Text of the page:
It appears yet again that the ultimate solution is not more explaining, spinning, “framing”, or what have you, even if these are necessary. We need a direct, long-term, unremitting campaign to weaken the cognitive and moral authority of religion. We need to attack the root of the problem by doing whatever we can to create a more rational and sceptical ethos in Western societies, the US above all.

Even the figures from the UK, Germany, and France are worrying. About 45 per cent in the UK did not find nanotechnology to be morally acceptable. Almost 40 per cent in Germany. Almost 30 per cent in France.

Again, nanotechnology will surely create risks, but that does not make it essentially immmoral. So why, in those relatively secular countries of Western Europe, do we still find very large numbers of people who consider it so? Is the quasi-religion of an inviolable nature having an influence here, or is there some other factor that hasn’t yet been identified?

Russell Blackford Ph.D. is a fellow of the IEET, an attorney, science fiction author and critic, philosopher, and public intellectual. Dr. Blackford serves as editor-in-chief of the IEET's Journal of Evolution and Technology. He lives in Newcastle, Australia, where he is a Conjoint Lecturer in the School of Humanities and Social Science at the University of Newcastle.


First, I’m puzzled by the common position that technology is morally neutral. Applications are moral or immoral; technologies are so-called “neutral”.

More recently, though, I’ve pulled up short of saying that techs are amoral or neutral in this way, because I don’t like the possibility that that neutrality could “leak” into consideration of applications or development issues that actually do have moral and ethical relevance.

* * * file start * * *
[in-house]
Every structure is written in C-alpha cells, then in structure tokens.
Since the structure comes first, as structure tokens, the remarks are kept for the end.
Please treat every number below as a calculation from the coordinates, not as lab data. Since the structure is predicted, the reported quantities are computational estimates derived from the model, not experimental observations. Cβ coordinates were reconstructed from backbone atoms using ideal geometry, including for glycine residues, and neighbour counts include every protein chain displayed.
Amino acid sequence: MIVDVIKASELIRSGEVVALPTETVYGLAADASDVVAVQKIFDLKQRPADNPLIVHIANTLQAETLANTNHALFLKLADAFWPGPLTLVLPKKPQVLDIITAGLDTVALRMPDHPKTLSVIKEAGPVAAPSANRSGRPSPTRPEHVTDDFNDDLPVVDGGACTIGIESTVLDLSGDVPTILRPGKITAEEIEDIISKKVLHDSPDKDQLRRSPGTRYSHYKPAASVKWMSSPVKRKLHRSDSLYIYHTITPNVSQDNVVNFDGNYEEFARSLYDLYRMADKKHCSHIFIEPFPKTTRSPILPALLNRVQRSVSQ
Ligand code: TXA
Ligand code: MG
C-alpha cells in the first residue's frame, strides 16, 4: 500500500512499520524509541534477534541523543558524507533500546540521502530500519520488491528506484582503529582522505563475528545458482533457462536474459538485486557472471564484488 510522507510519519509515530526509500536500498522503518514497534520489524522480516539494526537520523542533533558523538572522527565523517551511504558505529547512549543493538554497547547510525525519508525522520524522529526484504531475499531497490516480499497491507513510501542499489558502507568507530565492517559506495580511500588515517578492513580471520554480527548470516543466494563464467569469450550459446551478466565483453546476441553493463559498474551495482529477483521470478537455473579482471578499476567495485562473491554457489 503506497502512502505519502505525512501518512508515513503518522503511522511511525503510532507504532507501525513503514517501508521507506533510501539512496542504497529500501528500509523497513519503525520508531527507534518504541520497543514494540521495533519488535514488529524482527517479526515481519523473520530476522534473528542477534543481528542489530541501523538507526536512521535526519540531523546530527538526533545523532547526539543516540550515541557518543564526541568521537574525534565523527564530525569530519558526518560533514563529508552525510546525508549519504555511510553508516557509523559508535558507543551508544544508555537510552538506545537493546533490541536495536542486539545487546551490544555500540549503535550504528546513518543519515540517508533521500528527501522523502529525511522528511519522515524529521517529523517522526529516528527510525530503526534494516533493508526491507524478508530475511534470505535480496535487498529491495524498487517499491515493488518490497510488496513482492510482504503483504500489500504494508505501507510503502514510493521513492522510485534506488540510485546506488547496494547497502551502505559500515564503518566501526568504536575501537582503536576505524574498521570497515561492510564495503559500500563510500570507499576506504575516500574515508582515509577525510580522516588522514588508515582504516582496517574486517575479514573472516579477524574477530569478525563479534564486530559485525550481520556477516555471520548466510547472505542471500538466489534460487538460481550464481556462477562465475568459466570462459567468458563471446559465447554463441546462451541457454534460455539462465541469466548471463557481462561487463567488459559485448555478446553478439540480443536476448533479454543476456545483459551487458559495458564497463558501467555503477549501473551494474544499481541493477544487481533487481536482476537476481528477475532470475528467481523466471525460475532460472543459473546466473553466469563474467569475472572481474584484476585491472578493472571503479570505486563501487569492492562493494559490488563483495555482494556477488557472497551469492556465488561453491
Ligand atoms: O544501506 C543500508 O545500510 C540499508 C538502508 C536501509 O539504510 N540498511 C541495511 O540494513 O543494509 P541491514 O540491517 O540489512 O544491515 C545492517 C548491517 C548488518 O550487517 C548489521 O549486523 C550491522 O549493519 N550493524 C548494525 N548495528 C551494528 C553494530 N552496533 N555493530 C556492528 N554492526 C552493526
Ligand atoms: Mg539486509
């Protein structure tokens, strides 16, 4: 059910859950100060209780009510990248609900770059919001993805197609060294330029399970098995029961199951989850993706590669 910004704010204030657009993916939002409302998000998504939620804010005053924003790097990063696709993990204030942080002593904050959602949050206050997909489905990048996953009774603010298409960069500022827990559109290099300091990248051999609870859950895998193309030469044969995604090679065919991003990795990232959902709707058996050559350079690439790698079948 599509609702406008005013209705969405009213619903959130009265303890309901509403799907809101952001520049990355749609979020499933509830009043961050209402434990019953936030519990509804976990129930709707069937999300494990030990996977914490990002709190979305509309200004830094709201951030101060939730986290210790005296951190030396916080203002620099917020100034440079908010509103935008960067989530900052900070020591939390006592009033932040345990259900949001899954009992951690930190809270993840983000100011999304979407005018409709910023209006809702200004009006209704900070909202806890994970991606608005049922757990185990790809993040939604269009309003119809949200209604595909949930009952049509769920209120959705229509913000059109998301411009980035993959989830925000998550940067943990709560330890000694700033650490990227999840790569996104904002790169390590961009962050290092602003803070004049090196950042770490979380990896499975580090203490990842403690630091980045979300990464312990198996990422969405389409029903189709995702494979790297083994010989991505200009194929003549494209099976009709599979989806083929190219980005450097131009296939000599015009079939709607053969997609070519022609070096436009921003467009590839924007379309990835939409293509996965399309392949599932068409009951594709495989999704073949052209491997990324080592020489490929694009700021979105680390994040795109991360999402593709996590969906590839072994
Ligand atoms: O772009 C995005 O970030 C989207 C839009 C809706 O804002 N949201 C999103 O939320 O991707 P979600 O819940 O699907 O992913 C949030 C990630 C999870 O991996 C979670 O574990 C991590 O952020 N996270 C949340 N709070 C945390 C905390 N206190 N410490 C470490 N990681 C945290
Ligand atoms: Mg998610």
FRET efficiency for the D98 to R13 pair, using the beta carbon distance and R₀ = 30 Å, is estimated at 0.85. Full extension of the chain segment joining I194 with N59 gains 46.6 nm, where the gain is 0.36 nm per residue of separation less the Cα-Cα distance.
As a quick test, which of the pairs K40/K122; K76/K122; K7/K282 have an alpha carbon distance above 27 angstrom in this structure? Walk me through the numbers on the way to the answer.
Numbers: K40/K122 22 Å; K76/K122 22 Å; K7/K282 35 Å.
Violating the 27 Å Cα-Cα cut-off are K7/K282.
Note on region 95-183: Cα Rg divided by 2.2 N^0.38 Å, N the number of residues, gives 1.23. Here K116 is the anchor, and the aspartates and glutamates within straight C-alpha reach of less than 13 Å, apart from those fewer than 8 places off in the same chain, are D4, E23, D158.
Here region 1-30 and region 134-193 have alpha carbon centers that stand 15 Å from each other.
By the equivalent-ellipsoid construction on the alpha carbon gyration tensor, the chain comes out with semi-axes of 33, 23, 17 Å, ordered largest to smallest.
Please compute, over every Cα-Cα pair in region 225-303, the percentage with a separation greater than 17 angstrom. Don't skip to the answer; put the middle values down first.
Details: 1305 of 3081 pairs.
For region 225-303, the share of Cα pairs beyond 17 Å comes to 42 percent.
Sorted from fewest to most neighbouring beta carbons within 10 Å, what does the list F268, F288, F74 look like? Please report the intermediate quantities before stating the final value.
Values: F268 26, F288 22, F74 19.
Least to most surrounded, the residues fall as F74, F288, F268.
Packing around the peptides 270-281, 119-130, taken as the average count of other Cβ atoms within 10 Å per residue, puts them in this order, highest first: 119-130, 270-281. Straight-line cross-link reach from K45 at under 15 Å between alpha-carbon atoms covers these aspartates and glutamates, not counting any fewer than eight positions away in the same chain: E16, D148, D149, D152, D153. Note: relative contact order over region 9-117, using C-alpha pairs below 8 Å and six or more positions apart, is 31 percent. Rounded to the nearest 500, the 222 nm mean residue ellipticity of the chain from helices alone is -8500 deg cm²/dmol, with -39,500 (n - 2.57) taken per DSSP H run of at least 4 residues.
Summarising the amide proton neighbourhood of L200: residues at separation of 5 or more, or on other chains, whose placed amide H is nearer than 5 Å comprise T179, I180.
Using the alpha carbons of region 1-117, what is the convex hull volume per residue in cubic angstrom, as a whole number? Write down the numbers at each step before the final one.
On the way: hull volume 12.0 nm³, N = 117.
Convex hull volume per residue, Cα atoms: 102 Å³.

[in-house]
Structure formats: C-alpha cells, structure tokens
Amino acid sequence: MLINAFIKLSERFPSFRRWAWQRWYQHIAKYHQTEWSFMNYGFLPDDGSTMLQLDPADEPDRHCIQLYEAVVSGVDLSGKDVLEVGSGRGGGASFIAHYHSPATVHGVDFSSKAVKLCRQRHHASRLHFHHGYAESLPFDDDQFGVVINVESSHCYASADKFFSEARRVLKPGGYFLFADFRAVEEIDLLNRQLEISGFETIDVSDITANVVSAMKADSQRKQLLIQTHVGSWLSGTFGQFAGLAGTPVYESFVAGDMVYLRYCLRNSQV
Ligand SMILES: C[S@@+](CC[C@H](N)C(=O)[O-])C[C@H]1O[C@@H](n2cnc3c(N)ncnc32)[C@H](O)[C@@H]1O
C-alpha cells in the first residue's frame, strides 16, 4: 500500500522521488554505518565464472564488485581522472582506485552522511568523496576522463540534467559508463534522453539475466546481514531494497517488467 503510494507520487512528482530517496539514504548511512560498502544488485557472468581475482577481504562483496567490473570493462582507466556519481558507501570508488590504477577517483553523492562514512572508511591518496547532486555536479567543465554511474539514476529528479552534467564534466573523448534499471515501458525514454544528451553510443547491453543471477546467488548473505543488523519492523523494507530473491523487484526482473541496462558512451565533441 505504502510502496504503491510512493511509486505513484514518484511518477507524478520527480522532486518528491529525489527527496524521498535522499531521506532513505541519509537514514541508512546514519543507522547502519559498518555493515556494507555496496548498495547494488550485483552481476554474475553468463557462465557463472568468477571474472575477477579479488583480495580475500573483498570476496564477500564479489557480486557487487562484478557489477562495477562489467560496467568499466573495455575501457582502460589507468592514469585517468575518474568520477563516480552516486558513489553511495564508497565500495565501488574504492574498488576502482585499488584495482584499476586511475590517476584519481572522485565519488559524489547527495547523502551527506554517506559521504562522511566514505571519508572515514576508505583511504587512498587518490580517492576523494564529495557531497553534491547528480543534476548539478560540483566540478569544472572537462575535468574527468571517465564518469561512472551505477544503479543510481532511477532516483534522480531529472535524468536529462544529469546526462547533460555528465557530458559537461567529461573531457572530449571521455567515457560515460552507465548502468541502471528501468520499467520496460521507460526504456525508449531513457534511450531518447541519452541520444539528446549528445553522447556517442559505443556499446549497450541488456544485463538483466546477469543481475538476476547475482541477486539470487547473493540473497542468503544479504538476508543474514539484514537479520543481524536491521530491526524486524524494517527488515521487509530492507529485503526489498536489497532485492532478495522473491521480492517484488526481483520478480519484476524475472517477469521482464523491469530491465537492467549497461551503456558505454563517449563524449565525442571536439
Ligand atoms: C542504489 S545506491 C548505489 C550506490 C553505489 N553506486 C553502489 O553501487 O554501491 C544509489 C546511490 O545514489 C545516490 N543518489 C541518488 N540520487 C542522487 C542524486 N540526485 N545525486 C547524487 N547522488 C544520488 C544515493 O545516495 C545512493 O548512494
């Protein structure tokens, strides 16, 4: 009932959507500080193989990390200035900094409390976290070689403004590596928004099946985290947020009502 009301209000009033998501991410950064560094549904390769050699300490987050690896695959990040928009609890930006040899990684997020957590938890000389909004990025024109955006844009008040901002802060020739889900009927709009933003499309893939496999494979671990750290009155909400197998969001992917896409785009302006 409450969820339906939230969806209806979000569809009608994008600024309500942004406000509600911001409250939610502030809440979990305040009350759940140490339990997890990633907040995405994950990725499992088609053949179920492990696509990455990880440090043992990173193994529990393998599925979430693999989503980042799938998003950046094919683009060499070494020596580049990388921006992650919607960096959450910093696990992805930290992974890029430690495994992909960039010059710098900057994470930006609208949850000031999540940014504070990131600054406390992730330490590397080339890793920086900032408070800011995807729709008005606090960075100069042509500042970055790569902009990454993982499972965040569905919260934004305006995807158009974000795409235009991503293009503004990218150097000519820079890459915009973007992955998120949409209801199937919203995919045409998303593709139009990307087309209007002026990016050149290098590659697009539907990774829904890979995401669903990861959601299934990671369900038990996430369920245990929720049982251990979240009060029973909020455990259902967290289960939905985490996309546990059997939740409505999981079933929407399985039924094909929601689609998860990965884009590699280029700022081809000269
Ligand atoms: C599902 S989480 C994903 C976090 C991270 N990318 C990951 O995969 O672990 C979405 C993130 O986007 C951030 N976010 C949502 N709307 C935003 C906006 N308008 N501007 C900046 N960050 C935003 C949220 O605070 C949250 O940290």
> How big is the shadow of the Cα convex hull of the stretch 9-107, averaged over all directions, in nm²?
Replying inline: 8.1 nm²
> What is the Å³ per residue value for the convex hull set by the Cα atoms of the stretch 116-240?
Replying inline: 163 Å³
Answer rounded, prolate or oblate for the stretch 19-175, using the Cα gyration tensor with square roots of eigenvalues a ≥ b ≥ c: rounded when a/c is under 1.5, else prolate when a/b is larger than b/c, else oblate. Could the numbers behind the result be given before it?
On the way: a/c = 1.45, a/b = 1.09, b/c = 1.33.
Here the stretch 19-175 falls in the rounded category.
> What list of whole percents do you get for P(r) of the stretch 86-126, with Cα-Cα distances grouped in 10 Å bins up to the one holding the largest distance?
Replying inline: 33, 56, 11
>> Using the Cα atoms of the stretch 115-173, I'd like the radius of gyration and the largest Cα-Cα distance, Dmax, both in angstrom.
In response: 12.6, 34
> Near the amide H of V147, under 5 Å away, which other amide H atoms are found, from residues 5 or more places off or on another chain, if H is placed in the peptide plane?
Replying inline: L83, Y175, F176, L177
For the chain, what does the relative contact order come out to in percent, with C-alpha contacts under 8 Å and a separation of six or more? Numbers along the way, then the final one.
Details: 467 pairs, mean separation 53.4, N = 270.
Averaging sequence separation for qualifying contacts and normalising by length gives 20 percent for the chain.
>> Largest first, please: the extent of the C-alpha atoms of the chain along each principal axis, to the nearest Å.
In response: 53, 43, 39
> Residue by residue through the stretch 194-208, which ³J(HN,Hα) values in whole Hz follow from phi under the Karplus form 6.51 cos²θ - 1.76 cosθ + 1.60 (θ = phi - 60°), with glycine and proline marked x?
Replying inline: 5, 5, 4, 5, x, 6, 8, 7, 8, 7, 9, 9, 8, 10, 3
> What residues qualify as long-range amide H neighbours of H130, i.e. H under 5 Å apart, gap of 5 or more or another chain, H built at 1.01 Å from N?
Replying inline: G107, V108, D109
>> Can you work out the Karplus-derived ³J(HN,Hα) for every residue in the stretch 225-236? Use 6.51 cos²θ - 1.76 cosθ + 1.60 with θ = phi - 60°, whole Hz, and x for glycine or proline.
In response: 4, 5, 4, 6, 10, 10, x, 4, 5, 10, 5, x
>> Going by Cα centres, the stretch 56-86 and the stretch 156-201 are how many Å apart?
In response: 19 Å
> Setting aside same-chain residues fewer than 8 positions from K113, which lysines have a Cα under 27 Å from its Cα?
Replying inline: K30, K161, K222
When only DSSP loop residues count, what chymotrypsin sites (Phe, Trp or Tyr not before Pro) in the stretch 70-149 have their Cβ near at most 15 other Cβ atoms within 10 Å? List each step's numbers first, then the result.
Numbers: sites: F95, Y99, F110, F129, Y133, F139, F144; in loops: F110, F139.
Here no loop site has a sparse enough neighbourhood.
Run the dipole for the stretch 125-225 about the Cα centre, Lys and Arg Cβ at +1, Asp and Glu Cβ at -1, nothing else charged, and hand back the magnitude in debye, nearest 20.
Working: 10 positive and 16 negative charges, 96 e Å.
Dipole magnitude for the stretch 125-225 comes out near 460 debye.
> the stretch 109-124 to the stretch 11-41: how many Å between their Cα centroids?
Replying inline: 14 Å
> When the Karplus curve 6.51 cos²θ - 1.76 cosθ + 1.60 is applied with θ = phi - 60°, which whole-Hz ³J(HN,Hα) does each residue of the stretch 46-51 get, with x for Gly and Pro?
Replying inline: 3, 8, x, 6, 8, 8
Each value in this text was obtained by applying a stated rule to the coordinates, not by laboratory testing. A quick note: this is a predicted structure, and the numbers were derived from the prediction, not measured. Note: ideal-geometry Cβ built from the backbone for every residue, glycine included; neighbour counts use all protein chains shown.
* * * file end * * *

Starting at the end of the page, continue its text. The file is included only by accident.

Instead, I think it bears saying that all applications of techs have moral value one way or the other, which is far from making the technology “neutral”, as a technology without applications is useless, and thus, not actually a technology.

If one then takes this path, and concedes that technologies have morally relevant values //based on how they are applied//, then one can see that people responding so easily to such a survey are probably evaluating the morality of modern //applications//,
instead of being puzzled over why people think “neutral” techs have moral value one way or the other.

So Americans tend not to like the way they see nanotechnologies being applied, in contrast to Europeans. Perhaps the justifications are the same, But I would stress that the applications are what make or break any technology in a moral dimension.

With a margin of error at only 3 percent, this drastic disparity requires some sort of explanation, Scheufele said.

“We found that people in the U.S. have attitudes about nanotechnology similar to other countries with high levels of religiosity,” he said.

Scheufele’s survey charted people’s relative levels of religious faith and their moral beliefs regarding nanotechnology. It revealed an inverse relationship between a self-assessed importance of God in the respondent’s lives and their belief in the moral acceptability of nanotechnology.

Full article:

“More aware people tended to be the ones who possessed less fear of nanotechnology,” he said. “But the key to how the public at large will understand nanotechnology has to do with what the first big applications are.”